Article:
SCARSDALE, N.Y., Feb. 22, 2015 (GLOBE NEWSWIRE) -- Veterinarian Dr. Michael Woltz of Central Animal Hospital in Scarsdale says that a pet's bad breath may be far more than an annoyance; it may be a sign of dental disease. He urges pet owners to schedule exams and cleanings for pet dental health month in February and beyond. He adds that nearly 80 percent of adult pets have some degree of periodontal disease, which can be painful for pets and lead to further health complications. Dr. Woltz explains that bacteria from dental disease can even spread to damage other internal organs like the heart and liver.
"Bad breath is just one of the possible symptoms of pet dental disease," says Dr. Woltz. "You might also see swollen gums, yellowed, or even missing teeth and blood on bedding or toys. Worse still are the pets in so much pain they don't even want to eat or drink, or that have secondary infections stemming from infections in their mouths."
Dr. Woltz stresses that even if a pet does not exhibit any of these symptoms, he or she may still have pet dental disease that needs treatment. The American Veterinary Medical Association urges pet owners to schedule at least one pet dental examination and cleaning every year and to learn how to brush their pets' teeth at home. Dr. Woltz says that he and his fellow veterinarians at Central Animal Hospital check all aspects of a pet's oral health during examinations. He says they both clean and polish teeth to prevent future tartar buildup and that they can also perform extractions and other types of oral surgery if needed.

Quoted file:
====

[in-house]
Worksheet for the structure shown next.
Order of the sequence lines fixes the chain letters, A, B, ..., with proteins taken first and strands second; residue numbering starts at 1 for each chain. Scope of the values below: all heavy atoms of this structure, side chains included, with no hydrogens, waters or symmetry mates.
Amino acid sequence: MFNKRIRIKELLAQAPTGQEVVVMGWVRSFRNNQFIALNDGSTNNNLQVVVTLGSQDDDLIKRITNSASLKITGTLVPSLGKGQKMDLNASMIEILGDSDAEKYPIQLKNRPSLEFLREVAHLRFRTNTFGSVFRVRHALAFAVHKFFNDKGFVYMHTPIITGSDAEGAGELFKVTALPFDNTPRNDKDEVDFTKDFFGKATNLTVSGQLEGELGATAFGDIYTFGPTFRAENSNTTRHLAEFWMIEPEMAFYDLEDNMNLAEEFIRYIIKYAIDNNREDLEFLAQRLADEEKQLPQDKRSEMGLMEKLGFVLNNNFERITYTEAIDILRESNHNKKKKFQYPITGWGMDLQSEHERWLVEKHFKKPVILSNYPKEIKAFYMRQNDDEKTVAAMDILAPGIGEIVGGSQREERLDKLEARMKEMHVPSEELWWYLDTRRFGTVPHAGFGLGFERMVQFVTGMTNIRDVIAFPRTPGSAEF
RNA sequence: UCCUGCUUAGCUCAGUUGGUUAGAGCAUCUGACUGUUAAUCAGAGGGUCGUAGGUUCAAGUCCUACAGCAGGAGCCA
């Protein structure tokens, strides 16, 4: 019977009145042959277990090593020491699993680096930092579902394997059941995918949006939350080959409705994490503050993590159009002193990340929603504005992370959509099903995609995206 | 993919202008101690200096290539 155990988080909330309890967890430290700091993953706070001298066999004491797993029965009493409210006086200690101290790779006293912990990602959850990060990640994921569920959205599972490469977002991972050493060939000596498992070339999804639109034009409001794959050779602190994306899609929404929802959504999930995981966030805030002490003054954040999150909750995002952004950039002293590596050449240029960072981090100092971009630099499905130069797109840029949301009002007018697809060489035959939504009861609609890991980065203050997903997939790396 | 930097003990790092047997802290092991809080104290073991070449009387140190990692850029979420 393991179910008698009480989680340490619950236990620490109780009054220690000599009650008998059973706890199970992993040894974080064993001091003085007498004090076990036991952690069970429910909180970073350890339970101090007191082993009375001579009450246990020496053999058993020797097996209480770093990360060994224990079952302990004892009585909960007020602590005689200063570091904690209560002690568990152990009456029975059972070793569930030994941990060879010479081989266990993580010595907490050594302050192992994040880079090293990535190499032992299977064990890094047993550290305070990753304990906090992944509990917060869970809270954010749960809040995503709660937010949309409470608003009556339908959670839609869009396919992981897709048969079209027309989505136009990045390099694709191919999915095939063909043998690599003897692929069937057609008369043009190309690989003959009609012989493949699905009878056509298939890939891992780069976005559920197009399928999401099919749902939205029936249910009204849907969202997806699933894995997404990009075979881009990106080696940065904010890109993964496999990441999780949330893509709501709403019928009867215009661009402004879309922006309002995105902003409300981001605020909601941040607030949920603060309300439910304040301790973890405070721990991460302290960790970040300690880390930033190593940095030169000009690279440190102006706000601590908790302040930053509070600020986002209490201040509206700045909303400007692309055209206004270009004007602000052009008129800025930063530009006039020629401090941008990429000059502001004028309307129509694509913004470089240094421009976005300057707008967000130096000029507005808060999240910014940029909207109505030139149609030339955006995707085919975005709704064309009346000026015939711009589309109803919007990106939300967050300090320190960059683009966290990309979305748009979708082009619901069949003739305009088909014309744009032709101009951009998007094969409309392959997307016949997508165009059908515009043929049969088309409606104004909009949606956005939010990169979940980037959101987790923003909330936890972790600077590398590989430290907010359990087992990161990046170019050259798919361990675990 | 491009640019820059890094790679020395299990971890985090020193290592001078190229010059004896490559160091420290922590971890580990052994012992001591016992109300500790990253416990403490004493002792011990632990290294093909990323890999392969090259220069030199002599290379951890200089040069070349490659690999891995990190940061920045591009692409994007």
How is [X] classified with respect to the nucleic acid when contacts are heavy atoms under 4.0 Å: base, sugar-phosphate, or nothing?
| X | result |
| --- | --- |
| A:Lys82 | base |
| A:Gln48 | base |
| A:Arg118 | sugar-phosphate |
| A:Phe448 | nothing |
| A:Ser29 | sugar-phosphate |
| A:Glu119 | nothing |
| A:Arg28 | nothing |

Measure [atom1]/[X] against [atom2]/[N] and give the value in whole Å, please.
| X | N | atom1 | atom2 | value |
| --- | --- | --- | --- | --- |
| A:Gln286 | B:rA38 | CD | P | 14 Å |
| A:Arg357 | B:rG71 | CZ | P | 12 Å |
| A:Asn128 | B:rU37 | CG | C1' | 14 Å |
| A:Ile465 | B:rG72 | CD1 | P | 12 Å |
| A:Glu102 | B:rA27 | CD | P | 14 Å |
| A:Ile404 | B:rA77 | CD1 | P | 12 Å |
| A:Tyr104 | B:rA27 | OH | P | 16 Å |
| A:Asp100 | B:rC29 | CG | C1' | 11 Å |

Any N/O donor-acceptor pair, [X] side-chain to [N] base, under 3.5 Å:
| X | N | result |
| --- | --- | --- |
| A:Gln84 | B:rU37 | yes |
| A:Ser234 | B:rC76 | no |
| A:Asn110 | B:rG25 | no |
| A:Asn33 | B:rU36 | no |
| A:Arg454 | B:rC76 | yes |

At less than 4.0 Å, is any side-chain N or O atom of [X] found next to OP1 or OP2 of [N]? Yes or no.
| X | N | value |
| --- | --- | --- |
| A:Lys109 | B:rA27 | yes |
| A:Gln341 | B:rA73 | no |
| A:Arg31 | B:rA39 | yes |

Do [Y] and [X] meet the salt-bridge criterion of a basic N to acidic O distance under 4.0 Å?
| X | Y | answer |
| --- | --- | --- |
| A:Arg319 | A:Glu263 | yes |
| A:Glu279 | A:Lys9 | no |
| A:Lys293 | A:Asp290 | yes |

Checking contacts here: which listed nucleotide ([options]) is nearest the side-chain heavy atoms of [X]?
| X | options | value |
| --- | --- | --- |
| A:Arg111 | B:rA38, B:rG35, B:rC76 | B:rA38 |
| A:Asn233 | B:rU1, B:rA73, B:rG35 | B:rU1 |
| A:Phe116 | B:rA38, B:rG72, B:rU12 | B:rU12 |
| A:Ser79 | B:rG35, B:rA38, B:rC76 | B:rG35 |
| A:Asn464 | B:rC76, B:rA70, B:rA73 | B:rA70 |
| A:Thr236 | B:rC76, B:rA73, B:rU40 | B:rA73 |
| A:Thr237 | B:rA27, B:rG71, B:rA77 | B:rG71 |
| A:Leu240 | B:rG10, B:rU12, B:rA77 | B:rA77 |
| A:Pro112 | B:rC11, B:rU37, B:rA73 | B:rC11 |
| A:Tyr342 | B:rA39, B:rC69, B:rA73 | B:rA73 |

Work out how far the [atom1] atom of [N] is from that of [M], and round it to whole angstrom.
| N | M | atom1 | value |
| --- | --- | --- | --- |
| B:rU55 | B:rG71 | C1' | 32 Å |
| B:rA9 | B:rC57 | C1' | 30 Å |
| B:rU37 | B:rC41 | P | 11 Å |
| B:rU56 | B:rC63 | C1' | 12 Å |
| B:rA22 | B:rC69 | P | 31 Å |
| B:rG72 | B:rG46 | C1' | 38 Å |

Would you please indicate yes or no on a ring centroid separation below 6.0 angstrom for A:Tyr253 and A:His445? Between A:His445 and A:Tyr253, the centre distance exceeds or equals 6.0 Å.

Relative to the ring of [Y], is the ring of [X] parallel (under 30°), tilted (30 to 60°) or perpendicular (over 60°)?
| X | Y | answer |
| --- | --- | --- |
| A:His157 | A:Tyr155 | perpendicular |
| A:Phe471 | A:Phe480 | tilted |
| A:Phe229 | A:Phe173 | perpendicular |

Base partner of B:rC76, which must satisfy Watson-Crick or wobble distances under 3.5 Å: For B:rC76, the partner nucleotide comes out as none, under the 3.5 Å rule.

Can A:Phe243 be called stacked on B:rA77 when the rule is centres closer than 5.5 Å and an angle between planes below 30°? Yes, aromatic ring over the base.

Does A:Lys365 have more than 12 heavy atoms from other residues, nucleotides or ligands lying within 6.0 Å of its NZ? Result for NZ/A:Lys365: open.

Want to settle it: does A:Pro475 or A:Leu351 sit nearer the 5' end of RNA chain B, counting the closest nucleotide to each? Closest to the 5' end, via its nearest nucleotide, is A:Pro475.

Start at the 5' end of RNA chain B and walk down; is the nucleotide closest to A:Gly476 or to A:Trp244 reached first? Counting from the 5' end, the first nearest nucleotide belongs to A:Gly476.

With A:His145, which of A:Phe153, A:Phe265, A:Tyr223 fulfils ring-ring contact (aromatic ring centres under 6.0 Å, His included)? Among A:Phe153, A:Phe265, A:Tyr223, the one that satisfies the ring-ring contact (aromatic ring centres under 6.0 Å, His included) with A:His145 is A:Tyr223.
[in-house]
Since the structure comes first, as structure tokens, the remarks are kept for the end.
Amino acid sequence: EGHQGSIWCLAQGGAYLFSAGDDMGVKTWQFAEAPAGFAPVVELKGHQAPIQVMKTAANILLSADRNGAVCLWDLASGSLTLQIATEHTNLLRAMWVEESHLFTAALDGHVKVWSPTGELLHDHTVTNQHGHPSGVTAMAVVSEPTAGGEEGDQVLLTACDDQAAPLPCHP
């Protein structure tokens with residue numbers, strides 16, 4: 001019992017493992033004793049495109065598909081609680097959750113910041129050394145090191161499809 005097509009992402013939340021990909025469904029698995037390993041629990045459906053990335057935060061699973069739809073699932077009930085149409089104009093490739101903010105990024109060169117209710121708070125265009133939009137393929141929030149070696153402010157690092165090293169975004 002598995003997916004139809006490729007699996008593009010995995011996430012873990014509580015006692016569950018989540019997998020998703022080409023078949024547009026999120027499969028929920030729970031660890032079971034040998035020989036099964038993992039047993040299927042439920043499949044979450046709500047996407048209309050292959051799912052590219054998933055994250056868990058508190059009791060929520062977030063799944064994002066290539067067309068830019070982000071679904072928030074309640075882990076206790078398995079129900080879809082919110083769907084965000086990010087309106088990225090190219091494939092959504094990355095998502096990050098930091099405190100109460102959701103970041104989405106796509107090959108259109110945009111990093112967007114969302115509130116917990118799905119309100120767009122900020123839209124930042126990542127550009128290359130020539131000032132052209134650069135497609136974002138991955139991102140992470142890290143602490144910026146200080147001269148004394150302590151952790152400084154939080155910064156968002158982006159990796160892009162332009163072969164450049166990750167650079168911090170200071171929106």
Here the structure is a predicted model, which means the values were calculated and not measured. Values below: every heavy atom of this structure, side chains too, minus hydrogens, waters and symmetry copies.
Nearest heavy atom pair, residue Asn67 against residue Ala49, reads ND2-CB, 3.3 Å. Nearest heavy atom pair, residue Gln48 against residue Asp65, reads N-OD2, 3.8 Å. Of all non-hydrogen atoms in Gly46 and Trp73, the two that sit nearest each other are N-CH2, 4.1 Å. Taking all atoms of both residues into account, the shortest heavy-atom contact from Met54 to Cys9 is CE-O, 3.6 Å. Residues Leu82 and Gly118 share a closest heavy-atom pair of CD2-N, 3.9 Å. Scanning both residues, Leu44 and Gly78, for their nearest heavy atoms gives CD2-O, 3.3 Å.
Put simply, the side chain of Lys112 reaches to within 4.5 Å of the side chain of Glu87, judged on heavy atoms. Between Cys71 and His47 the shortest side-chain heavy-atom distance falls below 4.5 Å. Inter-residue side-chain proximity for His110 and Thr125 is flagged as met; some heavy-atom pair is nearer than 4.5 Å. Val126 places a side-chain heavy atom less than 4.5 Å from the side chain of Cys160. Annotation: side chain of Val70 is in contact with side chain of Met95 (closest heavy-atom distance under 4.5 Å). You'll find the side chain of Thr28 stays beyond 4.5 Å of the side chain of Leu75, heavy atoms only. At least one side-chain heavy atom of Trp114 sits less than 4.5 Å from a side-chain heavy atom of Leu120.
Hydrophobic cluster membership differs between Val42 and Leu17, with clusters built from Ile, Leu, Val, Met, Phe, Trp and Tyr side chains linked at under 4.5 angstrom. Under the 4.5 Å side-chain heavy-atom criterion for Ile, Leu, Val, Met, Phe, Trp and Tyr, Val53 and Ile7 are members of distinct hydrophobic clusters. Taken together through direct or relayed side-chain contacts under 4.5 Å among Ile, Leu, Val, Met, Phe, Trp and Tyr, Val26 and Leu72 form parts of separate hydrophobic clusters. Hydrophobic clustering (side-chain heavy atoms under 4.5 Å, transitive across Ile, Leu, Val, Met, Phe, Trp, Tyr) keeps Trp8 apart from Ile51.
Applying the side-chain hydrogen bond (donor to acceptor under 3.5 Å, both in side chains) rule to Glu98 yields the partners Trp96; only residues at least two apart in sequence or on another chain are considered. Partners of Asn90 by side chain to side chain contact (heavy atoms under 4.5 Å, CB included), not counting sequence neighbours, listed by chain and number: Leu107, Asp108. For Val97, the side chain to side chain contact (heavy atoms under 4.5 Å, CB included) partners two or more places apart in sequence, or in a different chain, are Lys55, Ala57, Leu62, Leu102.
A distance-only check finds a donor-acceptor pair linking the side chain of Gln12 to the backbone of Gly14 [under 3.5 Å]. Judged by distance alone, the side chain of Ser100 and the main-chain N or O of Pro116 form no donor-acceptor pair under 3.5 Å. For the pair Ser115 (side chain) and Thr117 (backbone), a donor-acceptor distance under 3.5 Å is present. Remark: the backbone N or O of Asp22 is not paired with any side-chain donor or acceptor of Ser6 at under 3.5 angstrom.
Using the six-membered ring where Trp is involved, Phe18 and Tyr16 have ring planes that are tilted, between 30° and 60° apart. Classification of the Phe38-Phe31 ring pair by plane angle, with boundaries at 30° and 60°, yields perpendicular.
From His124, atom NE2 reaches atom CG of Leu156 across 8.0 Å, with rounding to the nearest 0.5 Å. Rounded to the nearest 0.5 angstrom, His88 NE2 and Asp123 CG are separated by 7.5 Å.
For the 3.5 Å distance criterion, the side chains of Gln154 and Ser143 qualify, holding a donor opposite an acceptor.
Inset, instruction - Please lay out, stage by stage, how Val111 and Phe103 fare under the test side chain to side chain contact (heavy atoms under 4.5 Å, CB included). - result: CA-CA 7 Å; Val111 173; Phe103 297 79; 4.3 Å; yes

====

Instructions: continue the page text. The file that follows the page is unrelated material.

Dr. Woltz says that one of his main goals is to stress prevention by teaching pet owners how to brush their pets' teeth at home. He recommends slowly building up a pet's tolerance to the idea by using chicken or tuna broth on a piece of gauze at the same time each day. He says pet owners can gradually and patiently work up to a pet toothbrush and pet toothpastes with pet-friendly flavors like peanut butter or chicken. He cautions pet owners to avoid human toothpastes as these can upset a pet's stomach.
"It's a lot easier to build up a good pet teeth-brushing habit than you'd think—and it will prevent a lot of pain and infection for your pet. It just takes some patience, persistence and a lot of praise," says Dr. Woltz. He says anyone who needs advice on training their pets for teeth brushing should visit their website or call their office.
Central Animal Hospital in Scarsdale is a full service veterinary center providing pet wellness checkups, vaccinations, health certificates, pet nutrition, urgent veterinary care, pet surgery and pet dental care for cats, dogs and exotic pets. To find out more, visit their website at http://bestvets.net.
CONTACT: Central Animal Hospital, 1-888-667-5235Source:Central Animal Hospital